Yesterday, a friend emailed me an article titled "The Authority Question," by the media critic for The National Journal, a gentleman by the name of William Powers. In addition to writing for The National Journal, Mr. Powers is a frequent contributor to The Atlantic Monthly and was, at one time, a reporter for The Washington Post.
At first, I was baffled as to why this friend, who virtually never forwards pieces on to me, would send me this. I had never heard of William Powers, but confess to having been intrigued by the title. The article opens with "Does anyone in the media still speak with authority? Does authority even matter any more? By 'authority' I mean the prestige, clout, and trustiworthiness of the big brand-name newspapers, magazines, and TV networks, back in the 20th century?" He goes on to lament the passage of "traditional news outlets," suggesting that the concept of authority itself has become "outmoded and quaint, like milkmen and VHS recorders." Mr. Powers appears to hold on to antiquated notions of authority the way an infant holds on to a security blanket.
One's focus is then instantly transported away from a provocative, and important discussion of recent statements by the deputy assistant secretary of defense for detainee, Charles Stimson, whose controversial condemnation of lawyers and law firms evoked almost universal contempt to a discussion of form, and how superior coverage of the Stimson debacle is by USA Today and The Washington Post, when compared with that of the blogosphere. Powers does a Google search for articles about Stimson which leads him to a laudable piece he finds in USA Today. It also leads him to a piece I wrote about Stimson's comments that appeared in The Huffington Post, which he describes as "an influential blog...near the top of the heap," but one that doesn't yet rise to the level of being called an authority. Nor do I, for that matter.
Powers chooses, to my chagrin, two phrases from my article, both meant to be humorous, to suggest that not only is my style of writing "inapt," a rather awkward word, in my opinion but, more importantly, who the hell am I to have anything posted on HuffPo in the first place? "And while Jayne Lyn Stahl may be a brilliant poet and playwright, I've never heard of her and wasn't ready to trust her." Indeed, and I'd never heard of William Powers either, so we're even. I challenge Mr. Powers to name 5 contemporary poets, living, preferably. Somehow, I suspect Walt Whitman and Emily Dickinson would find themselves on his list, as does William Butler Yeats who he clearly read, but didn't understand any better than he understood me.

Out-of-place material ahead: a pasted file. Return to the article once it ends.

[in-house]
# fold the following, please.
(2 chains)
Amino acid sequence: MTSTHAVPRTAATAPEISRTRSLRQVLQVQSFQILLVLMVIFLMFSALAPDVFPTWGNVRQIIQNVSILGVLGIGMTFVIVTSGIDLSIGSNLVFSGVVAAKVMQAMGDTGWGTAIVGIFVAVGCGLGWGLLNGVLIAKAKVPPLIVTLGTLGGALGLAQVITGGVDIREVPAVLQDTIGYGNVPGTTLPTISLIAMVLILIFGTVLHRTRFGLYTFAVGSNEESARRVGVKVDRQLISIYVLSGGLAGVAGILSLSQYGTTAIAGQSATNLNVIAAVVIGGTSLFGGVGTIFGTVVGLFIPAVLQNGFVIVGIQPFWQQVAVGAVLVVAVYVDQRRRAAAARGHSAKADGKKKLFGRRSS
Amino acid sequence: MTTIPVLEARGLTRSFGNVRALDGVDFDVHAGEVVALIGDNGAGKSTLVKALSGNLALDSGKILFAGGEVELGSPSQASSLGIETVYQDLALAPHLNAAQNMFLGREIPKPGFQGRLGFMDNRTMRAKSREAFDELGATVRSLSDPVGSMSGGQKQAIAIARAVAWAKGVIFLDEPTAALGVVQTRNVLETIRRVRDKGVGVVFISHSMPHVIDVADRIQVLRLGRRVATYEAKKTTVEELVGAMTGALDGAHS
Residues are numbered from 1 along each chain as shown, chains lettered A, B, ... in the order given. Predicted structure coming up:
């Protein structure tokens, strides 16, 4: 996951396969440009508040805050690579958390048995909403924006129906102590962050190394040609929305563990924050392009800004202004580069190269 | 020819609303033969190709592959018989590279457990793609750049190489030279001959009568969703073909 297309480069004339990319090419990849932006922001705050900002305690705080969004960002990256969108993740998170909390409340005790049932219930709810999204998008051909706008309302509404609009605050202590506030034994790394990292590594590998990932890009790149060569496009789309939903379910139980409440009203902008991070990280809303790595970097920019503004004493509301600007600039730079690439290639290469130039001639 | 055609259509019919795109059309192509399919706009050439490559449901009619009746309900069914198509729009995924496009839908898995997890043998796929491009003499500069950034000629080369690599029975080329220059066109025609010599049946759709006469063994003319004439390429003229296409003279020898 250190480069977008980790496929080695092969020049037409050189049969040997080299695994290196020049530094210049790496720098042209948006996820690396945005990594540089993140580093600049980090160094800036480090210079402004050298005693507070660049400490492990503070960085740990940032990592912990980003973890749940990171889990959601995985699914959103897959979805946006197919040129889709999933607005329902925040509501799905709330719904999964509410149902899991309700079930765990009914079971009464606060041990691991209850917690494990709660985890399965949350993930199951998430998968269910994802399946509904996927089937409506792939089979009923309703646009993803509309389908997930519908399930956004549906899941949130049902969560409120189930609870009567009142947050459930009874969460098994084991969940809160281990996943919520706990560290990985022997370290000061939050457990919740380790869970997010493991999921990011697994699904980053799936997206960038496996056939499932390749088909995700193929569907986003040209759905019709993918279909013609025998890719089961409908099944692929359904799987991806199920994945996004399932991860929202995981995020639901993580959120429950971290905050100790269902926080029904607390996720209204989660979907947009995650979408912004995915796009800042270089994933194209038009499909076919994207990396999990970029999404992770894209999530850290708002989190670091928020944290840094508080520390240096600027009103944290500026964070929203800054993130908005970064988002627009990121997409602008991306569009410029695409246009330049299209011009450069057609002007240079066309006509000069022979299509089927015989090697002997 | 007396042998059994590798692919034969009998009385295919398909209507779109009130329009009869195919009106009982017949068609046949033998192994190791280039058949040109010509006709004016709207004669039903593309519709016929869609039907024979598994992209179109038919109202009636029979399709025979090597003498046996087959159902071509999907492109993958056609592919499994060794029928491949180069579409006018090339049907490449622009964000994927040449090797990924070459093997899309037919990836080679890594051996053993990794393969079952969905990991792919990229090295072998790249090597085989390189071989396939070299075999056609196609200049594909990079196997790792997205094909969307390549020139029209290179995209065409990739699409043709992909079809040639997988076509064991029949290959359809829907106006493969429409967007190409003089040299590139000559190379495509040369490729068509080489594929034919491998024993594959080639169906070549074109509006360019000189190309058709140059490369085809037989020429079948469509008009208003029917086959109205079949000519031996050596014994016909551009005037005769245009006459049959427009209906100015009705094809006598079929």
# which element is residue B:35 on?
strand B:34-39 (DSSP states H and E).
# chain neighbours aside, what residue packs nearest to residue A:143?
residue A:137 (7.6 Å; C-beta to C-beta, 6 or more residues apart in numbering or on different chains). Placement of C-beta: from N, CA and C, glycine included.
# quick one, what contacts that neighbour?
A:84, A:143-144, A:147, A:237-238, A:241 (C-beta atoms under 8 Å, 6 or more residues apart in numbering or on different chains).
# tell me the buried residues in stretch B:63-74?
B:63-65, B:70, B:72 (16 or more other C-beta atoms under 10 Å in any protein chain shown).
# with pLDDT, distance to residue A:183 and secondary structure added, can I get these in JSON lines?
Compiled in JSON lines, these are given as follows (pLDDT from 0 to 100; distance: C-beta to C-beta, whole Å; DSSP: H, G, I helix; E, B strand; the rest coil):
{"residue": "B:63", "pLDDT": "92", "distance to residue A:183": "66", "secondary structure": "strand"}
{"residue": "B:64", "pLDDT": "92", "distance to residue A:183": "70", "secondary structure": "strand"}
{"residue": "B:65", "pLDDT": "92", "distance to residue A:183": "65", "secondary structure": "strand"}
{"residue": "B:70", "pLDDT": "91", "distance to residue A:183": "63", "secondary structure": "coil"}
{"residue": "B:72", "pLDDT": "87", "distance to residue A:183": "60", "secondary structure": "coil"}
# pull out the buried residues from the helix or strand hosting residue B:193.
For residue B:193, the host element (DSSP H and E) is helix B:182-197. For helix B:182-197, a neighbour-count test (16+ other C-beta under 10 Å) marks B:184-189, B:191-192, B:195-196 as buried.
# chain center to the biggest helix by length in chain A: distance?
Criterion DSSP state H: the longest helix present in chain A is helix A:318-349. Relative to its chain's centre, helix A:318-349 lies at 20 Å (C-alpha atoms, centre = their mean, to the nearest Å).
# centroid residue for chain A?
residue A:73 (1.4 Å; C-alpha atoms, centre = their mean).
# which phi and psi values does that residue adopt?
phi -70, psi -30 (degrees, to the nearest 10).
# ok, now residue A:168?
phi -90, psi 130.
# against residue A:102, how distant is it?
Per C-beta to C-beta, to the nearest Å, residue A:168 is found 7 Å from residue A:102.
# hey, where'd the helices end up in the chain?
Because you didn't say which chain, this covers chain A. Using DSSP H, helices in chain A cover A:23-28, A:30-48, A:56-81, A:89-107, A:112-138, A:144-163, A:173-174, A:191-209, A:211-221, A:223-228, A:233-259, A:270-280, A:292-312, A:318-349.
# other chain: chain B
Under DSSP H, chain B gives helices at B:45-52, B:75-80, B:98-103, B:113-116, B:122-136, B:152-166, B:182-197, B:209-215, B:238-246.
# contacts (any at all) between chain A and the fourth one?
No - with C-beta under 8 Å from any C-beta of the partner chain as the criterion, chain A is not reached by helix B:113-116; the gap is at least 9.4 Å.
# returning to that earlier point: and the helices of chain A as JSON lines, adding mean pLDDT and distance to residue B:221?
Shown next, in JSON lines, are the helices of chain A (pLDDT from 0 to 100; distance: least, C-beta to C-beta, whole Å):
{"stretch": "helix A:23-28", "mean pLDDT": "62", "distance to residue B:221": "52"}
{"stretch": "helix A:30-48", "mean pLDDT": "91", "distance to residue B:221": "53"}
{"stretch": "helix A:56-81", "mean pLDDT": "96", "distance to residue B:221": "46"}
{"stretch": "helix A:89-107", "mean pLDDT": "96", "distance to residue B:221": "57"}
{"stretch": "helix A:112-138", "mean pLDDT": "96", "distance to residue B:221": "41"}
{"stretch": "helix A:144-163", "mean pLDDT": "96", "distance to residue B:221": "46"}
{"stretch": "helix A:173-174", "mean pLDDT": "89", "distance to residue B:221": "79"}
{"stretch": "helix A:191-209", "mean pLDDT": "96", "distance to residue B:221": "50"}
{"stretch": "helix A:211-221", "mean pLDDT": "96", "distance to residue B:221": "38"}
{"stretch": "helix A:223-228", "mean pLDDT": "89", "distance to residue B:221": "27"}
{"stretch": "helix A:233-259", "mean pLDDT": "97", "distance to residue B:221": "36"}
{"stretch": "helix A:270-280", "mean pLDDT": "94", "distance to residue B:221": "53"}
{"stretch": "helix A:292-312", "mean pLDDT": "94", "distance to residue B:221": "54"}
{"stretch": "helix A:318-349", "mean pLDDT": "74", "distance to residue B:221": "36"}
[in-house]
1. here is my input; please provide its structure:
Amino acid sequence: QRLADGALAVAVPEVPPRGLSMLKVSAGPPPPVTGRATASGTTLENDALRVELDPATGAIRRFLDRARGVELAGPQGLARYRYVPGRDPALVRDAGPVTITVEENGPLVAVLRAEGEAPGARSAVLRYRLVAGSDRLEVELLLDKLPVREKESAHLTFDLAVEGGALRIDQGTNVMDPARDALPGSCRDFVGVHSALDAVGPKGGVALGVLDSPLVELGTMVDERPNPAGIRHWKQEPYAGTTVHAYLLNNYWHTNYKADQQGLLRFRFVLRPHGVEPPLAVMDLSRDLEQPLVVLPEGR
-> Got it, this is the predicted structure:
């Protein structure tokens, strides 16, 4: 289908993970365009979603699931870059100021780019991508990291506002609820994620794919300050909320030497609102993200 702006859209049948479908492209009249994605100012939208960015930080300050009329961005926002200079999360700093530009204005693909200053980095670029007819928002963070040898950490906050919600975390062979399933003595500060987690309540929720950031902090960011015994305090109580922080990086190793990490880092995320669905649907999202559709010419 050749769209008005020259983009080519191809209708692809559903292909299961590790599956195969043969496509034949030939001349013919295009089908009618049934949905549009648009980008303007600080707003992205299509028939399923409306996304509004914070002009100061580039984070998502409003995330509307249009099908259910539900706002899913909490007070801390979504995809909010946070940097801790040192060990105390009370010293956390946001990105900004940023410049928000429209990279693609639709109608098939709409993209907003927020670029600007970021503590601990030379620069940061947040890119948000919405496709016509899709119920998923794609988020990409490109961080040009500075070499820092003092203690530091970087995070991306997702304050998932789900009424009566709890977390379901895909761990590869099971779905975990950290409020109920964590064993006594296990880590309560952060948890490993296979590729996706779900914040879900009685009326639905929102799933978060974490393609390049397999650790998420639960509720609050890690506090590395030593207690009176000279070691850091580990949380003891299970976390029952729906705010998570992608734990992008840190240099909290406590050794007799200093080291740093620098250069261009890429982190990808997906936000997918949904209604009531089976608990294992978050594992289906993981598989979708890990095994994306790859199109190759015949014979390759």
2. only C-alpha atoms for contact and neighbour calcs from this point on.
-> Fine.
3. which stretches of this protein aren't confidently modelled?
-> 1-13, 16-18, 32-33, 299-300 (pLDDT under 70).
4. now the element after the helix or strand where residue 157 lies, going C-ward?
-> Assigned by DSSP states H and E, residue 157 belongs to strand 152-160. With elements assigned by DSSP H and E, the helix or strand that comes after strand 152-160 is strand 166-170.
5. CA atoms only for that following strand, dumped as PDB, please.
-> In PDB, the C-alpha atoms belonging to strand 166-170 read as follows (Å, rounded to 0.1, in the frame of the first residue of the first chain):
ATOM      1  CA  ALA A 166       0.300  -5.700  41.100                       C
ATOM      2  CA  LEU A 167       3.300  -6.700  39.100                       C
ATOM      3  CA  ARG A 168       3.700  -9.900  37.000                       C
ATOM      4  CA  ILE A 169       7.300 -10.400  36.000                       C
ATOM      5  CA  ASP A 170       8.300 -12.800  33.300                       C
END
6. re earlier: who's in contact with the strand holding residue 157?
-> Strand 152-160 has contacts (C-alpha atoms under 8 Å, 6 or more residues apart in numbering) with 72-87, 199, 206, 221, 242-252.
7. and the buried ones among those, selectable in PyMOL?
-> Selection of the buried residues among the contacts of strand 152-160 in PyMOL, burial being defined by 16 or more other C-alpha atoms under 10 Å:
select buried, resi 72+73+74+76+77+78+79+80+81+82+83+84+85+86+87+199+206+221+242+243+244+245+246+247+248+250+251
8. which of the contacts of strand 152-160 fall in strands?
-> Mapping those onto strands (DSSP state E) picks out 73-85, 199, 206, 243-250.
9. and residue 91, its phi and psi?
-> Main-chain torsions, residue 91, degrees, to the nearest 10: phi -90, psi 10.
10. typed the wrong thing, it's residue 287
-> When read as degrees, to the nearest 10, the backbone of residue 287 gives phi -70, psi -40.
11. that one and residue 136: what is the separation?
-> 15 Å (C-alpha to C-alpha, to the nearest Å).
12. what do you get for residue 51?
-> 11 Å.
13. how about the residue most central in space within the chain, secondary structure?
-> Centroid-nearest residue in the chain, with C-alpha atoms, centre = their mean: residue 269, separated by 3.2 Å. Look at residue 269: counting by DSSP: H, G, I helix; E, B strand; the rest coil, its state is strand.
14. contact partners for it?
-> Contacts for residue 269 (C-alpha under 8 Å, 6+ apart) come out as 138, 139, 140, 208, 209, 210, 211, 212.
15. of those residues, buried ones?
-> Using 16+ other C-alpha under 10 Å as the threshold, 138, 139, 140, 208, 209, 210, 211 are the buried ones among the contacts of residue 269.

"Most journalists are serious people, and serious people are supposed to discuss politics as ideas, not entertainment. But if the devices of entertainment are delivering the ideas, maybe news outlets everywhere should be helping us better understand how it all works, and who exactly are these people who are working so hard, night and day, to seduce us?" Oh, so is that what the folks at HuffPo are up to, after all, not to show diversity of opinion, and worldview, but to seduce guys in pinstripe suits who appear to be missing a sense of humor?
Obviously, someone like Hunter Thompson would be held in equal esteem to someone like myself, except, of course, that Thompson has name recognition.
"It would be marvelous if every voice in the new agora could have equal sway," Powers concludes, and yes, yes, it would be almost as "marvelous" if those who suffer from metaphysical agoraphobia wouldn't loiter behind half-baked, duplicitous notions of moral, and professional authority. As a question of authority is, after all, more about context than anything else. Clearly, an image of the president "poll dancing," or the ironic use of the phrase "beloved Pentagon" wouldn't appear on the editorial pages of The New York Times anytime soon, but they were not submitted to the NYT, or WaPo either. Nor, for that matter, was the writer of those phrases awarded the stock options, or monetary compensation of, say, someone who writes for The National Journal, but this isn't about money; this is about inclusion. Yes, Mr. Powers, that's right, you can keep your 401 K, I want my ideas to count as much as yours do, so sue me, and the rest of the lumpen proletariat who are audacious enough to think that we, too, have a right to a space in the new frontier of online expression.
As one who copiously invests himself in what he calls "straight ahead journalism and centrist no-nonsense positions on public issues," one wonders if his "no-nonsense journalism" requires sitting squarely on the center, and maintaining that only traditional vehicles for news delivery, the mainstream media, matter? Not only are his notions of authority provincial, but they're rigidified.
And, lest there be any confusion, when Powers speaks of "authority" what he really means is that one has to have the right credentials, or pedigree to join the insider's club of "elite news outlets." But then, one might expect this kind of antediluvian banter from someone who writes, too, that "Online media boosters often speak of establishment authority as a vestige of the media Dark Ages. The people have stormed the castle! They're speaking out in their own voices rather than through those arrogant go-betweens, the newspapers and TV networks." What is he so afraid of, that maybe someone he'd flunk in Journalism 101 could have a wider audience than he has?